The reaction from some of Trump’s advisers to criticism of the Taiwan call isn’t reassuring:

“It was a message in the sense that Donald Trump is not necessarily going to be told what he can or can’t do because a foreign leader says so. That’s exactly the kind of thing that millions of Americans detest about Washington,” said Mr. Yates, who currently is visiting Taiwan for meetings with senior officials.

If it’s going to cause some pain, then so be it [bold mine-DL],” he said.

It is typical for hawks to be unconcerned about the consequences of their preferred actions, but this response is nonetheless remarkable. The problem here is that the pain that may be caused won’t be felt by Beijing, but by Taiwan. Advocates for “tougher” policies toward other states are often quite willing to put the well-being of the countries they want to “support” at greater risk in order to score points and poke a rival in the eye. When it comes time to pay the price for our posturing at the expense of the smaller country, the same hawks that helped bring on the crisis are never called to account for what they did. In practice, this usually means that the U.S. either hangs the other country out to dry or finds itself having to back up an increased commitment that most Americans never agreed to make. The one is embarrassing, and the other is dangerous.

The Bush administration gave Georgia many reasons to believe that it would come to their defense in a conflict for several years, and those signals were strong enough that they encouraged the then-president Saakashvili to escalate a conflict in 2008 that Georgia couldn’t win on the wrong assumption that the U.S. would take their side. Bush had succeeded in provoking Russia and giving false encouragement to Georgia, both of which worked to the detriment of the latter. In the end, the “pro-Georgian” hawks helped set up Georgia for disaster.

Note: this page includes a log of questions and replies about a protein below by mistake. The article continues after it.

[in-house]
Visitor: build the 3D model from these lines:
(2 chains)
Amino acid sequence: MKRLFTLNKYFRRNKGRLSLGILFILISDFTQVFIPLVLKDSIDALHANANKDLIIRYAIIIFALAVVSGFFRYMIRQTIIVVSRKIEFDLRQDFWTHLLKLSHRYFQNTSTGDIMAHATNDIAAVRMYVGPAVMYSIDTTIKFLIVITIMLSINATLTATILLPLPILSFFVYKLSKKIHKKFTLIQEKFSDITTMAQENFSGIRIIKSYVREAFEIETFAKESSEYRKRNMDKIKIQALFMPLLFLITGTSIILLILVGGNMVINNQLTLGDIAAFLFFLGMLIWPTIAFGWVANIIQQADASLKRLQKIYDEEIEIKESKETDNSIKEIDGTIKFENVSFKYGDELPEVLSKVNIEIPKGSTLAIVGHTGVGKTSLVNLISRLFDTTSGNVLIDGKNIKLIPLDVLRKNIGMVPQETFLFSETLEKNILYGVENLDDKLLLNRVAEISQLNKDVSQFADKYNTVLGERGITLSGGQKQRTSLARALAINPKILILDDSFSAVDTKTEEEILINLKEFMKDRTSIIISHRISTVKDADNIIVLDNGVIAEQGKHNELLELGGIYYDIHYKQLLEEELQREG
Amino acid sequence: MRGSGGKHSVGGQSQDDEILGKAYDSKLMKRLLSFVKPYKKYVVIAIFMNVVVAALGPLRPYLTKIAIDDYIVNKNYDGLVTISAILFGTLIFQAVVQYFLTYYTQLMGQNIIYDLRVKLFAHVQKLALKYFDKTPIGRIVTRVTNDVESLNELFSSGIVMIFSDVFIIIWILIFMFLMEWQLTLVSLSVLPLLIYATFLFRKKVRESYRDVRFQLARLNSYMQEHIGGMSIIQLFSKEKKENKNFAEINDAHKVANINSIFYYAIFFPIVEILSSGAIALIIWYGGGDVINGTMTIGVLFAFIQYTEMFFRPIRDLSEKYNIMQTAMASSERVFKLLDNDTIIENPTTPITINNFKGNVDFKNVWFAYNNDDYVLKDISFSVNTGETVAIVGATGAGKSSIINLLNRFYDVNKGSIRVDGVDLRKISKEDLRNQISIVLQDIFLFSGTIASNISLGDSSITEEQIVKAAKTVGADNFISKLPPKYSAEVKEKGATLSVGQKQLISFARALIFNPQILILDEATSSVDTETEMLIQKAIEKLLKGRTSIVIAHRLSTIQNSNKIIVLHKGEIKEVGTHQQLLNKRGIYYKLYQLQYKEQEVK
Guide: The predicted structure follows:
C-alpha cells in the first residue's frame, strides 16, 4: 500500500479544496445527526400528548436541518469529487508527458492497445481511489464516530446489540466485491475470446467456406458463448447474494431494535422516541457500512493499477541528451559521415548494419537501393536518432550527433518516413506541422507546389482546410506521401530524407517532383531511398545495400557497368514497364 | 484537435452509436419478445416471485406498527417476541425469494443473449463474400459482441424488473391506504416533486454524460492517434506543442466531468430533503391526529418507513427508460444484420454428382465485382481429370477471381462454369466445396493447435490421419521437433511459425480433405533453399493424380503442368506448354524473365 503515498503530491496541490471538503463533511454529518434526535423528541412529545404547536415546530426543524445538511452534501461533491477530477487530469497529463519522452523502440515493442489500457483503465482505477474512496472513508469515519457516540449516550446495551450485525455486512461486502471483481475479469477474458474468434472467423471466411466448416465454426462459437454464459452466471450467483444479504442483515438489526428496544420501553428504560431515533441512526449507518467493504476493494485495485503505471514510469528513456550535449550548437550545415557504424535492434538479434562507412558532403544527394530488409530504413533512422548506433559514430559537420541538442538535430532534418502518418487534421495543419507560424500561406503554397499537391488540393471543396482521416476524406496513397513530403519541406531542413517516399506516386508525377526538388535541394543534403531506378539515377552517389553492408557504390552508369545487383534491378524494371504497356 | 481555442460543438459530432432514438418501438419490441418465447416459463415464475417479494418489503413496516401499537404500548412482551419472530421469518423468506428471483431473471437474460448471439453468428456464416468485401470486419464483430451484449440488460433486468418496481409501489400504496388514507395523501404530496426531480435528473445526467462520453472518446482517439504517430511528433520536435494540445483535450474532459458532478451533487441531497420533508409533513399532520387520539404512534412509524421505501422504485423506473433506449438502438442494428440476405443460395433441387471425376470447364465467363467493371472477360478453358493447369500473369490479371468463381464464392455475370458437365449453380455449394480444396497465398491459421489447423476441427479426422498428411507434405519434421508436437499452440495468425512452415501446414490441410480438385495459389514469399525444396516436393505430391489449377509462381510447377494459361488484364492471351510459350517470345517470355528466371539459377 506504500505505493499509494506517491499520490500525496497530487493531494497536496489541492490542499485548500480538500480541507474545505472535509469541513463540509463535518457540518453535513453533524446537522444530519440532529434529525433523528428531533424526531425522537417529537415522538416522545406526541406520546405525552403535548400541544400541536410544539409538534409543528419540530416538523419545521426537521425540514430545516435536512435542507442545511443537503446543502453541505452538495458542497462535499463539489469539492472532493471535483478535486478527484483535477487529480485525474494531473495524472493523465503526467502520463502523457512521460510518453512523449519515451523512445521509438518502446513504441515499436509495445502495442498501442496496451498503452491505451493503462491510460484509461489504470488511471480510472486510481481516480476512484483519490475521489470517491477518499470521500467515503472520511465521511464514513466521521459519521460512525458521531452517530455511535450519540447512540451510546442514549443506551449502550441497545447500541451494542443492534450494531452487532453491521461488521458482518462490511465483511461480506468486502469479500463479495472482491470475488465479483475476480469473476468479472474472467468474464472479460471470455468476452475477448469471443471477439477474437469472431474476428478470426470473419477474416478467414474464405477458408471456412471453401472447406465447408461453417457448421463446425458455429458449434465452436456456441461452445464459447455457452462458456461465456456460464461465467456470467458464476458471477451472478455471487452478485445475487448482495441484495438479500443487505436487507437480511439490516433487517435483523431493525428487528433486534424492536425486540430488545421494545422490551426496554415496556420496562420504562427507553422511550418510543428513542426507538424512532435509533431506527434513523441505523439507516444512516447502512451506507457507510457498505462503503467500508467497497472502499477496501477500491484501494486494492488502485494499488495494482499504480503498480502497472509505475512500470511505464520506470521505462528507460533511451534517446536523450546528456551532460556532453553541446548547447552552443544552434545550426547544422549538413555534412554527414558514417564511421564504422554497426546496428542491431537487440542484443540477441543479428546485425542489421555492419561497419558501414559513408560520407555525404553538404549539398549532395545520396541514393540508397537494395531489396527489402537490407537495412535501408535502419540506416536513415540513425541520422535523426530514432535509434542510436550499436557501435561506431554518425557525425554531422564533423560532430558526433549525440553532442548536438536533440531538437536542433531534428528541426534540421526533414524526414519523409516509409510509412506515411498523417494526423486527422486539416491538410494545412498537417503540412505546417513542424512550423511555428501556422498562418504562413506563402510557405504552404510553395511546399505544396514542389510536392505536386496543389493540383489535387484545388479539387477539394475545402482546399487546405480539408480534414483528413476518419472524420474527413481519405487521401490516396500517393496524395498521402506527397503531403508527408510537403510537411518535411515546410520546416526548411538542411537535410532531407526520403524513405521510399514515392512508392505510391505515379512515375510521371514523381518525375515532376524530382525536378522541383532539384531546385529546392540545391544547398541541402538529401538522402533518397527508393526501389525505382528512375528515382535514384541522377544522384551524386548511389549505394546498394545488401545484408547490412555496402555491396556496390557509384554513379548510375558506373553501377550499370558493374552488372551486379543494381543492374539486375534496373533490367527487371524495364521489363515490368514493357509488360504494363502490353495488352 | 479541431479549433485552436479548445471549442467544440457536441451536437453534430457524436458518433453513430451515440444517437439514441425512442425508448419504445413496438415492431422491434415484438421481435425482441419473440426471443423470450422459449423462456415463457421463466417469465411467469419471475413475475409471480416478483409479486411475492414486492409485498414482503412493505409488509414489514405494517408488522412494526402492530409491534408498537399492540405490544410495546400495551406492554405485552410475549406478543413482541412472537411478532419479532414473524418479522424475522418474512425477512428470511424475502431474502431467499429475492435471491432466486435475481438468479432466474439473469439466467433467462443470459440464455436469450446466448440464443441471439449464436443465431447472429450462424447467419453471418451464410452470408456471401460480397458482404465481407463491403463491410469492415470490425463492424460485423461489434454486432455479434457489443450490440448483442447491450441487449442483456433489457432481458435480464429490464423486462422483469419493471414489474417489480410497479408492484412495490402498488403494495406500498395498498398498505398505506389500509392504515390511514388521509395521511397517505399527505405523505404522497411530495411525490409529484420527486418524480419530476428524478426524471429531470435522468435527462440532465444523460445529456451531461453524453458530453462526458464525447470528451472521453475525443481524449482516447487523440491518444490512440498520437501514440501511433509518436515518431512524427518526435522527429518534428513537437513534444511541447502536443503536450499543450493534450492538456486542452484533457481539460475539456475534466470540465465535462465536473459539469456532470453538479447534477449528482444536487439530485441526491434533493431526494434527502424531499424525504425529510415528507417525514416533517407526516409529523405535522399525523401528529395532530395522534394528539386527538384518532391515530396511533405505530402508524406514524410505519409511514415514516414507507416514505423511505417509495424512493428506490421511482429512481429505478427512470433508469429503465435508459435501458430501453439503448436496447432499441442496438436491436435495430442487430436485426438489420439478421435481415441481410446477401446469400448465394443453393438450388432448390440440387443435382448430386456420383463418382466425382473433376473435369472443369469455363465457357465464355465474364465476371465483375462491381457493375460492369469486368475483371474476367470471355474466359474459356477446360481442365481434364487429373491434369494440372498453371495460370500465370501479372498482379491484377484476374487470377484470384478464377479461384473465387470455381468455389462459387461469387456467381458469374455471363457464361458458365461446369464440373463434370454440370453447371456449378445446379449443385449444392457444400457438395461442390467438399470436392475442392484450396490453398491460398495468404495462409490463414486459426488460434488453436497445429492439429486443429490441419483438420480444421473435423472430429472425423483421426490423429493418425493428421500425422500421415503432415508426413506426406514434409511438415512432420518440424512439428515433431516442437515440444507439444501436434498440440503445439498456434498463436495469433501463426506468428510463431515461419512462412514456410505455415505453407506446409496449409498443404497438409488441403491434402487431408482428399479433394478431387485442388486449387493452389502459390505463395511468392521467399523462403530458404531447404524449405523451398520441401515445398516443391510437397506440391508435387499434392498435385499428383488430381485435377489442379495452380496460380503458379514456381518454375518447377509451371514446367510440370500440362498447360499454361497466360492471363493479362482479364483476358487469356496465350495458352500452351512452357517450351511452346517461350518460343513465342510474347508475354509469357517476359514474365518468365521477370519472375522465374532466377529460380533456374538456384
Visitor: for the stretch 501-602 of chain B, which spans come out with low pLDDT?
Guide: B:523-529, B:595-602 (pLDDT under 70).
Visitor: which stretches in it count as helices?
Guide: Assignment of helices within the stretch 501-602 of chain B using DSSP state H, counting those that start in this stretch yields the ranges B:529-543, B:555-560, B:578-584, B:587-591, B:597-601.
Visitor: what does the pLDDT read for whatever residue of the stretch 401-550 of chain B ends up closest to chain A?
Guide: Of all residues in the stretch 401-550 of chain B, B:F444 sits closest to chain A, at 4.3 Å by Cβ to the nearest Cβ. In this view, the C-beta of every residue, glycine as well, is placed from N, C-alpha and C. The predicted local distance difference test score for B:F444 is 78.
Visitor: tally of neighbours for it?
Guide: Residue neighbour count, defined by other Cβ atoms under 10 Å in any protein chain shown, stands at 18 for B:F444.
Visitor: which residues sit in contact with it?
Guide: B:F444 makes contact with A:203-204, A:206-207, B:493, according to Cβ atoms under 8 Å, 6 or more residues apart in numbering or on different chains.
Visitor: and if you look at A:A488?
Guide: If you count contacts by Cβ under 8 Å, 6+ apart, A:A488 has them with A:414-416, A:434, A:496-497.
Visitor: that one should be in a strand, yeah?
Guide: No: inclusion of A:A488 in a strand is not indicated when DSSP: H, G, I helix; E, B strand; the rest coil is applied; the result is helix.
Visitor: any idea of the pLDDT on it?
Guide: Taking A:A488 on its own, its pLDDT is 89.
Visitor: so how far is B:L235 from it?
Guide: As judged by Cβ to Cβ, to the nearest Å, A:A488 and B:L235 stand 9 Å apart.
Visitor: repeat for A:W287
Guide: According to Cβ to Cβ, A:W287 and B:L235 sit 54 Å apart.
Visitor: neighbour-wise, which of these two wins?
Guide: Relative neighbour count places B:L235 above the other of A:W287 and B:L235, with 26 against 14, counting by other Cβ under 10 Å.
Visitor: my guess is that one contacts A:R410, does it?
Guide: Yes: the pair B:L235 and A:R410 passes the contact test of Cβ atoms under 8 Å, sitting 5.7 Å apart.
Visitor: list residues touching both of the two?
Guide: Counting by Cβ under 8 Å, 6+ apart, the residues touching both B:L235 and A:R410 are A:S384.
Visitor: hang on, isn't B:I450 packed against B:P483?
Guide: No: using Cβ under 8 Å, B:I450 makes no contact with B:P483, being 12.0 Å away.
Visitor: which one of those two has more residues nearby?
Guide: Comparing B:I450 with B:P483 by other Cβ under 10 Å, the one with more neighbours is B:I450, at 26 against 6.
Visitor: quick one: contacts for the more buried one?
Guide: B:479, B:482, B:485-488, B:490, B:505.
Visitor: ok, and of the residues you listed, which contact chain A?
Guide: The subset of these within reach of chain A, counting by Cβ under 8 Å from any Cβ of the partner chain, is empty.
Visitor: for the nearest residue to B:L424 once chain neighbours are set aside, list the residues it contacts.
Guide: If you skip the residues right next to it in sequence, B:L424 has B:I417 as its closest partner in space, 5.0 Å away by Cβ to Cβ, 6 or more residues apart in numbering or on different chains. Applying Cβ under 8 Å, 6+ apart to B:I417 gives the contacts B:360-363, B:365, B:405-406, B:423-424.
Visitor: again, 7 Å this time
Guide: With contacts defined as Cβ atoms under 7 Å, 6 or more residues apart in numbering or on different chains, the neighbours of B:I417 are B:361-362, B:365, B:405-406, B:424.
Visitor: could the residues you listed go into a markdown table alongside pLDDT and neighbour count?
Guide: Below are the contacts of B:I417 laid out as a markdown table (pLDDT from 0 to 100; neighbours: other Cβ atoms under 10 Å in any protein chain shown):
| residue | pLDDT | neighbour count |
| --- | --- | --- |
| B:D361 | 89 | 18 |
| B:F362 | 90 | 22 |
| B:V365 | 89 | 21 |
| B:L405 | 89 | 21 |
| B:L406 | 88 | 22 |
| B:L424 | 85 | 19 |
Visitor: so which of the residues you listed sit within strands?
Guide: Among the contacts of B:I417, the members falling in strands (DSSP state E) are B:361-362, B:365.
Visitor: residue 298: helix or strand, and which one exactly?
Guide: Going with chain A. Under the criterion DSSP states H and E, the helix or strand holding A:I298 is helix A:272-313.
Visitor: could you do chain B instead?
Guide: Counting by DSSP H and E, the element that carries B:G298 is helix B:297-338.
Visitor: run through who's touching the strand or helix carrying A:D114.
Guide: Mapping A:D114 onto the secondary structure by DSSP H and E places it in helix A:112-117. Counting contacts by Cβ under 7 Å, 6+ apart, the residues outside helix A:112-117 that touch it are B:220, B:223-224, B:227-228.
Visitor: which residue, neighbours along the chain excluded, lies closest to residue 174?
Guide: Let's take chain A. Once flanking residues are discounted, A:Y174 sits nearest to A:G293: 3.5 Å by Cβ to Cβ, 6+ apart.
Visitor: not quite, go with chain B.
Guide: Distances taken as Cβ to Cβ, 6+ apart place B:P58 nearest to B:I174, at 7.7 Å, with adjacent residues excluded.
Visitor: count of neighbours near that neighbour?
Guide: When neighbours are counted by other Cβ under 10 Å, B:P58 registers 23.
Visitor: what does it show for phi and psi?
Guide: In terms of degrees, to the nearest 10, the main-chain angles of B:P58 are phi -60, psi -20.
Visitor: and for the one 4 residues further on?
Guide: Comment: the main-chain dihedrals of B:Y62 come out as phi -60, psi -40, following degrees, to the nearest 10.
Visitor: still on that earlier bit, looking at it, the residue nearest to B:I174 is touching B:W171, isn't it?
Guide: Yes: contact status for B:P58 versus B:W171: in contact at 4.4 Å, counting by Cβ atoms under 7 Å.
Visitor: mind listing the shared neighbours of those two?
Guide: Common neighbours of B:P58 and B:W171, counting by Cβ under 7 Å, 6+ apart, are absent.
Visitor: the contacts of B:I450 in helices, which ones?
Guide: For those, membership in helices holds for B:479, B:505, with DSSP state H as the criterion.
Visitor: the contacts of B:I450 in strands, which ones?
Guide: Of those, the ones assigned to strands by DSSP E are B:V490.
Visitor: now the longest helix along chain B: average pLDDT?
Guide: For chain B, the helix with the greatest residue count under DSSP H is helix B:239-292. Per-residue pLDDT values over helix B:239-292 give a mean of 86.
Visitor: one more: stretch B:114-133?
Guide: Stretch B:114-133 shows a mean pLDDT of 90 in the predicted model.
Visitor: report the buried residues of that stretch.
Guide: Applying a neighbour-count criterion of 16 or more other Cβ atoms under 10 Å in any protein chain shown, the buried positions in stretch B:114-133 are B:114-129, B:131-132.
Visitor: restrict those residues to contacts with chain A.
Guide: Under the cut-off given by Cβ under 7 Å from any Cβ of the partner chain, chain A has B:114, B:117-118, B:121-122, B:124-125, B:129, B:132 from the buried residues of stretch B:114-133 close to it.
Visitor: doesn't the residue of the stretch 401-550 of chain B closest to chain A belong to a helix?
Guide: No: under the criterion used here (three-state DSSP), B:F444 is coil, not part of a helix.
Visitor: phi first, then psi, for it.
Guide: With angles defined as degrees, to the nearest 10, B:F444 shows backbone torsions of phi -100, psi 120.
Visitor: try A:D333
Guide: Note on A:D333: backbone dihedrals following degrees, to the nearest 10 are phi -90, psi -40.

It often seems to be the case that another country’s most vocal and enthusiastic boosters here at home have the worst ideas for what U.S. policy towards that country ought to be. One reason for this may be that some of the boosters see the other country as nothing more than a piece to be moved in opposition to some other state, and so don’t care what effect their policy will have on them. Another may be that they actually believe that more hard-line and confrontational policies will make the opposing state more cooperative, and so genuinely can’t see the danger they’re courting. Another may be that they identify U.S. interests so closely with the preferences of the local government that they can’t see the pitfalls. Whatever the reason, they end up encouraging the other government to take risks that they would not have taken on their own, or they indulge the other government in self-destructive behavior that a wiser friend would urge them to stop.

Hawks often overreach and give rhetorical encouragement to other governments that they can’t or won’t follow through on later, and that just sets up the other government for a fall and prompts inevitable accusations that the U.S. “abandoned” them. The wiser course is to avoid getting overly attached to a friendly country or would-be client. That way, we can distinguish between our interests and theirs, and we will be able to know when to refrain from encouraging them when doing so would do them more harm than good.